Phenotypic and genotypic divergences and constraints in host plant use by polyphagous Macrolepidoptera
J. Gwen Shlichta, firstname.lastname@example.org and Pedro Barbosa, email@example.com. University of Maryland, Behavior, Ecology, Evolution, and Systematics Program (BEES), 4112 Plant Sciences Bldg. Department of Entomology, University of Maryland, College Park, MD
The diversity of plant-animal interactions provides evidence demonstrating the iterative adaptive changes in interacting species attempting to enhanced fitness and survival. A central theme in ecology is understanding the factors that influence interacting animal and plant species. This study focuses on the role of a plant host as a driving force for phenotypic and genetic changes in herbivores.
I have examined a suite of lepidopteran larvae on several different tree species in forests of eastern Maryland for phenotypic and genetic host-associated differentiation. Larvae were collected from at least three different tree species at three different sites in eastern Maryland. Phenotypic traits such as development time, pupal weight, and fecundity were measured for the larvae. Larval and pupal traits were recorded and an initial set of reciprocal crosses on host plants were run for a sample of lepidopteran larvae. In addition, DNA was extracted from the adult moth for analysis of genetic differentiation. Using cytochrome oxidase 1 mitochondrial DNA, each species was examined for host-associated genetic differentiation. As in other ecological studies of assemblages or guilds, changes in some species are distinct from those of other species in the assemblage on each tree host species. In addition, changes in clusters of species, of those that comprise the assemblages on trees, parallel each other but are distinct from other clusters, both in regard to phenotypic and genotypic changes.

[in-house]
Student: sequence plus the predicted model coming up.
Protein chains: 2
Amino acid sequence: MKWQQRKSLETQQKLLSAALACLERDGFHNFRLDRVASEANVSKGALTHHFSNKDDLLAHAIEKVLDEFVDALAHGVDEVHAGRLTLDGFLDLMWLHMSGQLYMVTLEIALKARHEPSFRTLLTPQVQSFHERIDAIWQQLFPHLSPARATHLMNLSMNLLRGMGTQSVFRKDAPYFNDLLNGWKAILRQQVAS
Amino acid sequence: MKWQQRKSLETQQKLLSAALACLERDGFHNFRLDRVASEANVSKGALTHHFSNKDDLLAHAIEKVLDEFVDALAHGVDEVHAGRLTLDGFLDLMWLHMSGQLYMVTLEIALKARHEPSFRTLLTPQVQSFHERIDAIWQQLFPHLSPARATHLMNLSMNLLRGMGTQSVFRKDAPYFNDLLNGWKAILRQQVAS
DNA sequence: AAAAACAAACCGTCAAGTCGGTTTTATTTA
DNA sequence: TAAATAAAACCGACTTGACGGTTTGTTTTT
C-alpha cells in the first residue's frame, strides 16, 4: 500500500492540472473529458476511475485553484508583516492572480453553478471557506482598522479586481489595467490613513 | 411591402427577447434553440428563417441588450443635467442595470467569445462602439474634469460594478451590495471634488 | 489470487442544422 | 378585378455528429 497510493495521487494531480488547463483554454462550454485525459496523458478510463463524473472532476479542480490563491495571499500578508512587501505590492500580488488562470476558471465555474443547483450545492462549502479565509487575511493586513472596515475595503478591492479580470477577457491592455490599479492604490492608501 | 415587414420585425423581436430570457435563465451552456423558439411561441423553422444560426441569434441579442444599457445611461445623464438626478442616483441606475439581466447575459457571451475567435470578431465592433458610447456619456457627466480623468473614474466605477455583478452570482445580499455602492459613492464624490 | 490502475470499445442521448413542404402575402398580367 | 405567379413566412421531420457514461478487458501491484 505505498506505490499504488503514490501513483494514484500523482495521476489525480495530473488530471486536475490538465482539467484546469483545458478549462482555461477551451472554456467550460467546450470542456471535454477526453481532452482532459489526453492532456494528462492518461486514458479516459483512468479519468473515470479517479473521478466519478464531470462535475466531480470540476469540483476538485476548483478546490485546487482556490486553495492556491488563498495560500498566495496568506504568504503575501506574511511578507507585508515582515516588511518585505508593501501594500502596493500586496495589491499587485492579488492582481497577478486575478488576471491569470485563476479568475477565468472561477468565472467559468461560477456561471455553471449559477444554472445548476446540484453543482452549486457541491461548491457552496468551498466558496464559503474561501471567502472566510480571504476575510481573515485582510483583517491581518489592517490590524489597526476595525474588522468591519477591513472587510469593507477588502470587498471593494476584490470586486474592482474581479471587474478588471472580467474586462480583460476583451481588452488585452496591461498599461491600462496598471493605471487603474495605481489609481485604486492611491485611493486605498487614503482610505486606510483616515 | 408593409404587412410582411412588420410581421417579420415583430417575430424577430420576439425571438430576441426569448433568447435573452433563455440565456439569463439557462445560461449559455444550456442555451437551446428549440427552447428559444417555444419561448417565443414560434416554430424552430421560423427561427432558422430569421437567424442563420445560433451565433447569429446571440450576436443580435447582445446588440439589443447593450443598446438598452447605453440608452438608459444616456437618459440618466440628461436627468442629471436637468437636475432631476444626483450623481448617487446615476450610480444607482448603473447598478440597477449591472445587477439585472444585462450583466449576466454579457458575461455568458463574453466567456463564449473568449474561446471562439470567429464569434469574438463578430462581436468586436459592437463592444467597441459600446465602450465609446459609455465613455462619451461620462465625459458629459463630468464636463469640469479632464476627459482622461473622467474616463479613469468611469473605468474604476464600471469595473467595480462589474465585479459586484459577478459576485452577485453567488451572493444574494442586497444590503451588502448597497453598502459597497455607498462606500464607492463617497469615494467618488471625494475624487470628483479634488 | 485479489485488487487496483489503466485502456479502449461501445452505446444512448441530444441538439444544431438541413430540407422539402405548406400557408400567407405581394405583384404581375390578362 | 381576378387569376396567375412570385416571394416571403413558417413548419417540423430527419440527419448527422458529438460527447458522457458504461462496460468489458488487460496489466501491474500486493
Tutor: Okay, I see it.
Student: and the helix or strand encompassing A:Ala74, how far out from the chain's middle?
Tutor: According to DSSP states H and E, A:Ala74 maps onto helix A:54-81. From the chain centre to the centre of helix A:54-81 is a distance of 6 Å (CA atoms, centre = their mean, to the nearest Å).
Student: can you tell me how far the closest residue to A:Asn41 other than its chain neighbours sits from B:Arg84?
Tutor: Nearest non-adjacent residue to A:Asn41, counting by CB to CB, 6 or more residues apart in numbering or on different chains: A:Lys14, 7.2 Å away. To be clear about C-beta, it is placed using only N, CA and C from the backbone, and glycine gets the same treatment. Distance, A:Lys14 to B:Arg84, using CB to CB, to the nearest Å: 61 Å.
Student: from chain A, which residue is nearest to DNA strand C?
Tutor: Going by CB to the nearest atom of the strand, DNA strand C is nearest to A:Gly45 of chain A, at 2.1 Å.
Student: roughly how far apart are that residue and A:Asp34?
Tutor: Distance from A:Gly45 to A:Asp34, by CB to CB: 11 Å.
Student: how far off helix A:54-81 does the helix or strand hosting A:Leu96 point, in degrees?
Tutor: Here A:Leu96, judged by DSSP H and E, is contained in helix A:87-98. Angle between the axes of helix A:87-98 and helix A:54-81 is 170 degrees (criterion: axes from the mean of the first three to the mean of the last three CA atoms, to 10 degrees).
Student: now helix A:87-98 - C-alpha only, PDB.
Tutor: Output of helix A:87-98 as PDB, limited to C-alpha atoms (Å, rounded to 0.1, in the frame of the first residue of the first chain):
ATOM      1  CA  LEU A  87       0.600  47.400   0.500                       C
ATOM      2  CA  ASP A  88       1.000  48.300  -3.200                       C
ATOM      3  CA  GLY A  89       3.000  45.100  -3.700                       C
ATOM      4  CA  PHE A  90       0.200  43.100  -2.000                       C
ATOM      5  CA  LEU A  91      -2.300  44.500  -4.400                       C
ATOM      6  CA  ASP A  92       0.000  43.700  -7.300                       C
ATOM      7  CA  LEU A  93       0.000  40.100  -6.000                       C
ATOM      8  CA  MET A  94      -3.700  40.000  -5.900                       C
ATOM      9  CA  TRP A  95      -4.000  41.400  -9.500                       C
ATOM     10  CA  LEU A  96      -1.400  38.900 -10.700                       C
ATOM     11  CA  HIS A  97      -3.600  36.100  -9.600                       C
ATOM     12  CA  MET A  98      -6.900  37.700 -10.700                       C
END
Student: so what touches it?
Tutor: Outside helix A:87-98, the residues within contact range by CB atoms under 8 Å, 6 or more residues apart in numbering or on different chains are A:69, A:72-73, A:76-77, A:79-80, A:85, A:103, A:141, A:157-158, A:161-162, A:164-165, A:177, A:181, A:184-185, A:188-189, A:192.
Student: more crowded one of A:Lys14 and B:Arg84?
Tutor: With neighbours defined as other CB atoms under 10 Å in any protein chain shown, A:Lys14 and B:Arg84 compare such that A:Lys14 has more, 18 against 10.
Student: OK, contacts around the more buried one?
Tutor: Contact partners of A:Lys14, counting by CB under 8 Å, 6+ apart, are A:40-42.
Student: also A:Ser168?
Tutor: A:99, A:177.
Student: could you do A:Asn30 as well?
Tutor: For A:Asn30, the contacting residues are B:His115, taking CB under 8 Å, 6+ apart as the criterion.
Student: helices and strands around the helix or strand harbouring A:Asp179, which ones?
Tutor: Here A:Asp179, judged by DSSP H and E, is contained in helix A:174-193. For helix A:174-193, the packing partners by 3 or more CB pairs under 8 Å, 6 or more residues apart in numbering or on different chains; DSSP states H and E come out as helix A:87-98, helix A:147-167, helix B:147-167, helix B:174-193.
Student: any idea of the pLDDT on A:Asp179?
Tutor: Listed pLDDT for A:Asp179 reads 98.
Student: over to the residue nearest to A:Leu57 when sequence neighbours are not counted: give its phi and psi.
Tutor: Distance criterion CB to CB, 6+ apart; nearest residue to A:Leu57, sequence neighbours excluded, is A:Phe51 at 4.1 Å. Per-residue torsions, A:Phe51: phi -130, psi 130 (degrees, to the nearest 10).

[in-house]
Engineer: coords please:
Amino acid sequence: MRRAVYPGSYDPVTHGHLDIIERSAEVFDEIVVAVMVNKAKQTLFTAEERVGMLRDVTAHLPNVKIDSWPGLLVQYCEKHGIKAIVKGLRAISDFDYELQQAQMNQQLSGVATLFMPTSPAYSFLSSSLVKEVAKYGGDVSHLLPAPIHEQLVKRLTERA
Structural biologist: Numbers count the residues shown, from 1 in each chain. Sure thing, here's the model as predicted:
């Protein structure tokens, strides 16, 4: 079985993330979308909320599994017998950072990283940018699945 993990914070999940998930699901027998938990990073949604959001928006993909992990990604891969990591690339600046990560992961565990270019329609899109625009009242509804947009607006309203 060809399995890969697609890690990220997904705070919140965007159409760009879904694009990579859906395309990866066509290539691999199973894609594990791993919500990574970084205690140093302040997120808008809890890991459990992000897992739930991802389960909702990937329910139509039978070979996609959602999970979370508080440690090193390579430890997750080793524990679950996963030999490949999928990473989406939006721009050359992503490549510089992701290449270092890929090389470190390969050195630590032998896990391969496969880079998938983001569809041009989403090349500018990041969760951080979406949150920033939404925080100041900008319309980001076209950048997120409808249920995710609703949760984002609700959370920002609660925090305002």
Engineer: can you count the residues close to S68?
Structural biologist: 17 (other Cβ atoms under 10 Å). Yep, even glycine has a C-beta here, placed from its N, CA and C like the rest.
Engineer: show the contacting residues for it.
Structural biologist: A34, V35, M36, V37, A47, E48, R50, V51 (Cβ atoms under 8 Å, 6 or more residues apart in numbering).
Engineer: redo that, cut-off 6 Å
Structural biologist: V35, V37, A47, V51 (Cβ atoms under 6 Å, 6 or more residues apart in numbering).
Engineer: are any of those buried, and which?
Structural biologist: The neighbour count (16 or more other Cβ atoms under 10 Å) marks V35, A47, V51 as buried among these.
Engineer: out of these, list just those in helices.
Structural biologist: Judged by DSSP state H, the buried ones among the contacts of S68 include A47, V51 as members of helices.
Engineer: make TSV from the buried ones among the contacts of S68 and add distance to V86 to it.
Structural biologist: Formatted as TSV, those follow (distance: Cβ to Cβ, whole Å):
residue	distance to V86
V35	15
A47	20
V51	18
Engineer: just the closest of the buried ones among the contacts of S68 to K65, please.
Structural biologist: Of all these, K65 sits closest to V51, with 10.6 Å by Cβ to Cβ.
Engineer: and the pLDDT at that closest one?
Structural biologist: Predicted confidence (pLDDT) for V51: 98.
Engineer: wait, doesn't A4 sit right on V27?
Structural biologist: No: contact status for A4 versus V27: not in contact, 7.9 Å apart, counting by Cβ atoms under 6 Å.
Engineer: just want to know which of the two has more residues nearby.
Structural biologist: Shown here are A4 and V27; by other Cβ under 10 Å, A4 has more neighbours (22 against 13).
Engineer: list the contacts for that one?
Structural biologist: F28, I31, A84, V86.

Species 1: Lepidoptera Geometridae Macariaaemulataria (common angle) Species 2: Lepidoptera Lymantriidae Orgyialeucostigma (white-marked tussock moth) Species 3: Lepidoptera Noctuidae Zalegalbanata (maple zale)